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Absence of Motive

'Innocent Until Interrogated' is a brilliant page-turner about Arizona's worst mass murder

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Every once in a while, the illusions that allow us to keep it all in motion fall away a bit—and on the other side is pure horror.

It happened in far west Phoenix in August 1991, when two teenagers executed nine people at the Wat Promkunaram Buddhist Temple, calmly walking in a circle around an assemblage of six monks, an elderly nun, a young acolyte and a temple visitor, pressing the muzzle of a .22 rifle against each head, and pulling the trigger.

Almost 20 years later, we still don't know why.

Writer and lawyer Gary Stuart's masterwork Innocent Until Interrogated: The True Story of the Buddhist Temple Massacre and the Tucson Four is the first book-length treatment of Arizona's worst mass murder, out now from the University of Arizona Press. He spent years immersed in the details of the crime: He listened to recordings of nearly every police interview; he read the trial transcripts; he interviewed everyone involved (with two glaring exceptions). And still, he doesn't know why.

It is likely that not even the murderers, Johnathan Doody and Alessandro "Alex" Garcia, could say why they did it. They said at the time that they went to the temple that night to commit their first burglary, or to play war games, or both. They had decided beforehand to leave no witnesses—and they left none. Then they drove down to a dry wash and split up less than $3,000 between them, and went about the business of being American teenagers again. For Alex Garcia, that included falling in love with 14-year-old Michelle Hoover. He couldn't convince her to have sex with him, but it didn't take much to get her to steal her dad's gun and shoot camper Alice Cameron in the back at a north Phoenix campground, just a few months after the temple killings.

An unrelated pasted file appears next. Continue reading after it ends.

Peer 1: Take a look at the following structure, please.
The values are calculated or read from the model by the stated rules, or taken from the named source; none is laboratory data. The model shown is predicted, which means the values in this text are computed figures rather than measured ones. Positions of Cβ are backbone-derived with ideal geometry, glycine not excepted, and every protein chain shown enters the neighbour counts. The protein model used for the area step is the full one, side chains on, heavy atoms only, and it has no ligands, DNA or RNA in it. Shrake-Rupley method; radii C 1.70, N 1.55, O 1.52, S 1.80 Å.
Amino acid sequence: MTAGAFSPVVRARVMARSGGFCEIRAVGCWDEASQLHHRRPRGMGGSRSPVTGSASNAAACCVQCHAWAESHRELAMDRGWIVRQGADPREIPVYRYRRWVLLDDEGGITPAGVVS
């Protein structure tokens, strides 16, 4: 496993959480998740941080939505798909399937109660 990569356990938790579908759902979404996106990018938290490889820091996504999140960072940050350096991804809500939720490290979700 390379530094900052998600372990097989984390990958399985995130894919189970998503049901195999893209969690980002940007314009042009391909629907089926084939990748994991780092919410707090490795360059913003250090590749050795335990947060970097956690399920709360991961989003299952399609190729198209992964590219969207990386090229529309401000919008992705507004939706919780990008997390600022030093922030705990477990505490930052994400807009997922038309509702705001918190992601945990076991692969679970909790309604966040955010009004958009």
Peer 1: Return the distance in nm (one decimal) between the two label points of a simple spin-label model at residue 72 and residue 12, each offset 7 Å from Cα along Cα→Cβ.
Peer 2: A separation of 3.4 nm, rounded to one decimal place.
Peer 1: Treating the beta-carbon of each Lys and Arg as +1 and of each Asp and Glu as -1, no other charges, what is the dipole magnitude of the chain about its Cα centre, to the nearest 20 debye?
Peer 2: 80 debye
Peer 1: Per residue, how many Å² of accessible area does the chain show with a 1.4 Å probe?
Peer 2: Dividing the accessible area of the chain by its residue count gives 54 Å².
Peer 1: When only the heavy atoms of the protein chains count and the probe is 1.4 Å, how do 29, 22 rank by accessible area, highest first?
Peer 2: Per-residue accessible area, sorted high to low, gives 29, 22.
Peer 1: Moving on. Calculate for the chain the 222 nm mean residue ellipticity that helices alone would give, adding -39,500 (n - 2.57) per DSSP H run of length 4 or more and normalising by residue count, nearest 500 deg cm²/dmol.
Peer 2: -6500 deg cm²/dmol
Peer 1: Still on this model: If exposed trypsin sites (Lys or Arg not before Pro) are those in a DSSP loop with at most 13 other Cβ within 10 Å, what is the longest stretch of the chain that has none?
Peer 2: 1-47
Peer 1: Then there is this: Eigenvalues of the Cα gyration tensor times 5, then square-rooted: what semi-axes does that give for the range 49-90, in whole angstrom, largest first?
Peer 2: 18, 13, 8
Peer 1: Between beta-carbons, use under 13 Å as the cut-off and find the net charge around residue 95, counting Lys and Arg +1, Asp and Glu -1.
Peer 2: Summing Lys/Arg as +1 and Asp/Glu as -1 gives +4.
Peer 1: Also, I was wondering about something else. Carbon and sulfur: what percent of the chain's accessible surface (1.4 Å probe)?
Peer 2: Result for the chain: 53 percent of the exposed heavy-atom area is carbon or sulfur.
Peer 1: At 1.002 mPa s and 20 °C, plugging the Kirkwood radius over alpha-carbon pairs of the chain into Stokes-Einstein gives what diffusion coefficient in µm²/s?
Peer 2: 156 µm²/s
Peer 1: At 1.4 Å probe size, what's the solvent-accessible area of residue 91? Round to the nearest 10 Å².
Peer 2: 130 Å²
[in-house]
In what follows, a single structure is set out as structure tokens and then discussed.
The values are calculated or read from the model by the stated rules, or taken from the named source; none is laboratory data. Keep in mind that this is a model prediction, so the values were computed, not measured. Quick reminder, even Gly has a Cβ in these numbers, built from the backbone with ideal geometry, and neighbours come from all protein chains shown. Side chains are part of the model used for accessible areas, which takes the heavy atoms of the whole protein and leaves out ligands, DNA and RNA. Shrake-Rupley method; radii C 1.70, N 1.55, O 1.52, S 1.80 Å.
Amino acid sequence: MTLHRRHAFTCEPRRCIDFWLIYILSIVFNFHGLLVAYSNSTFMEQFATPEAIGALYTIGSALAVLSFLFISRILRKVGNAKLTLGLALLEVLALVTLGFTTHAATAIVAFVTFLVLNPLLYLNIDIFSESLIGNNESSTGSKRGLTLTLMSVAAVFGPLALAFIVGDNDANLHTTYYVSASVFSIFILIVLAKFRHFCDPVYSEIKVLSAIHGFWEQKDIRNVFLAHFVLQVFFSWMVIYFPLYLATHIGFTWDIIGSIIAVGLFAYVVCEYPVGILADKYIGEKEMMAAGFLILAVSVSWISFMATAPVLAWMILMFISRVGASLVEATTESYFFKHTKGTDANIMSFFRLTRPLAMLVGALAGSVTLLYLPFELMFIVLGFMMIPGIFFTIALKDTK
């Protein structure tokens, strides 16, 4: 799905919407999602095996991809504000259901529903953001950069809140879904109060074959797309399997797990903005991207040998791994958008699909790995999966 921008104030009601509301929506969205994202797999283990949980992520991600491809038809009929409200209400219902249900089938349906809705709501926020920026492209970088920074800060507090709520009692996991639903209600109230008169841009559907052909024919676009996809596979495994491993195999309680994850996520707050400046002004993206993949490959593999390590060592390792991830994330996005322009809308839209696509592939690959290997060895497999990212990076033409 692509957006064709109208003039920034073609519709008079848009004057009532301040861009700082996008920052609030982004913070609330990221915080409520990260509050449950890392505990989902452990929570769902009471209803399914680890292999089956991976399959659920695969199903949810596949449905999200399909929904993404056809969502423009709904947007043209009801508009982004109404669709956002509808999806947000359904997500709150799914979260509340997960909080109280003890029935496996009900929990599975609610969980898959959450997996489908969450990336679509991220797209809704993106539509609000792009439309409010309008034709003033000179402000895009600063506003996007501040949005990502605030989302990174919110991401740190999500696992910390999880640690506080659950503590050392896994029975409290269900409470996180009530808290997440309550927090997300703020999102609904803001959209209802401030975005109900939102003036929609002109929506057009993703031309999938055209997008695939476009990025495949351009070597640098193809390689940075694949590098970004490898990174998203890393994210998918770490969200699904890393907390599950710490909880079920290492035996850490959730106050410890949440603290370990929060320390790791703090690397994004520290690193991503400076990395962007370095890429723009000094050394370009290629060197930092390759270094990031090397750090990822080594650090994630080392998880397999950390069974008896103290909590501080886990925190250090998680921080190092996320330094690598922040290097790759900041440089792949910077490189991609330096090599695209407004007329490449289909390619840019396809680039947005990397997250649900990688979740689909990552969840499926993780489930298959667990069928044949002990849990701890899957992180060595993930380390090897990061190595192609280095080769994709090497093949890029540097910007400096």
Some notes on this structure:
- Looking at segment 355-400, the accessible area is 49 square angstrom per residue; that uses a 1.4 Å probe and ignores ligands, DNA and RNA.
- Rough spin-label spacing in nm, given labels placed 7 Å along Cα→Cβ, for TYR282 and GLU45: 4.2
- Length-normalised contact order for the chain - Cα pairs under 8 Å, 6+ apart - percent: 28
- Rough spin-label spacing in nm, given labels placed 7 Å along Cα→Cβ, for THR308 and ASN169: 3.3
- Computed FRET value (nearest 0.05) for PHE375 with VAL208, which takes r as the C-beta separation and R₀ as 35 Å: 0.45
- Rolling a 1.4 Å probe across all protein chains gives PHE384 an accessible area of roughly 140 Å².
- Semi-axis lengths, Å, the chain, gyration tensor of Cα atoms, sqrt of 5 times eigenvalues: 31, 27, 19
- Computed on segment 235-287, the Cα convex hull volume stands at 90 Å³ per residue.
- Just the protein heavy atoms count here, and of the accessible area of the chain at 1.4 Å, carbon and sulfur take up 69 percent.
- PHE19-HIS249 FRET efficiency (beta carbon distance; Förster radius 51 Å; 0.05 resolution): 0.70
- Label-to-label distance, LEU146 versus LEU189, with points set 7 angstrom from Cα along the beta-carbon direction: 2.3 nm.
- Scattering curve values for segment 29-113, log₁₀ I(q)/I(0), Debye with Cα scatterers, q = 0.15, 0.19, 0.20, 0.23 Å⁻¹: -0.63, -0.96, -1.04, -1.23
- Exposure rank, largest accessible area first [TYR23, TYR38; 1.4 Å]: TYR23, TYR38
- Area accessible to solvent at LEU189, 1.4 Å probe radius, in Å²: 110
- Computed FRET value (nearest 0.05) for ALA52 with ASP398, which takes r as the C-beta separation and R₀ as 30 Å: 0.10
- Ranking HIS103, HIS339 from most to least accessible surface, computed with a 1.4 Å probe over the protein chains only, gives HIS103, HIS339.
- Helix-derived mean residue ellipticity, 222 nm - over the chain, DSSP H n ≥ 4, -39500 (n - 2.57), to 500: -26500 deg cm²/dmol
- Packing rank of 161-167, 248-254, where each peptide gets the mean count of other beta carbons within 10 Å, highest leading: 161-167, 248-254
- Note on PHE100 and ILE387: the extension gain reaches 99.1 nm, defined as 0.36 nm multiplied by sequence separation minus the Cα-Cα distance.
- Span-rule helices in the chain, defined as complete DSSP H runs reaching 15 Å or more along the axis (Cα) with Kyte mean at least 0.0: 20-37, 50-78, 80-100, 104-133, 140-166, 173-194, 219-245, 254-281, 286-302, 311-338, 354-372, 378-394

Cameron would probably still be alive if not for the incompetence and tunnel vision of the Maricopa County Sheriff's Office, then under the direction of Sheriff Tom Agnos.

The investigation was flailing until leads No. 510 and 511 came in on the same day, about a month after the massacre. Lead 511 was about a .22 rifle similar to the one used in the temple murders being confiscated from two teenagers at Luke Air Force Base. As we know now, had investigators followed 511, it would have led them straight to Doody and Garcia. But deputies were already too hopped up on lead 510 to notice. Lead 510, which deputies would follow doggedly, blindly, over the next year or so, was a phone call from Michael Lawrence McGraw, a 25-year-old mental patient known in his South Tucson neighborhood as "Crazy Mike."

Thus began the interrogation of "The Tucson Four." Crazy Mike, for reasons still unknown, confessed to being at the temple that night, and implicated four of his "friends" from South Tucson, none of whom had anything to do with the crimes. But, as Stuart shows in his carefully researched and brilliantly reasoned page-turner, coercive—and illegal—interrogation techniques, mental exhaustion and basic human psychology made all four men confess to the horrific murders. Moreover, deputies got a mentally fragile Vietnam veteran to cop to killing Cameron.

Later, everybody would recant; investigators would be forced to look elsewhere; and Doody and Garcia would be brought to justice. But not in time to save Cameron.

Hoover spent just 15 years in prison for shooting Cameron; she's been out since 2008.

The fallout from those illegal interrogations and false confessions continues. In February, the 9th U.S Circuit Court of Appeals overturned Doody's convictions, saying that his interrogation was illegal, coercive and unfair. It is possible that he may yet walk free. Then there's a final twist: The botched investigation swept Agnos out of office. His replacement? Reformer Joe Arpaio, who promised a new era of professionalism for the sheriff's office.

Stuart's is one of the most unsettling works of true crime I've read, and it is a worthy addition to the UA Press' already impressive contributions to an often unworthy genre. He quotes from the recordings of the Tucson Four interrogations and those of Doody and Garcia, putting the reader right in that tiny room, tag-teamed by officers convinced of nothing but their suspects' undeniable guilt. It is truly terrifying reading, and it says nearly all there is to say about the shameful events of 1991.

Except, of course, why.

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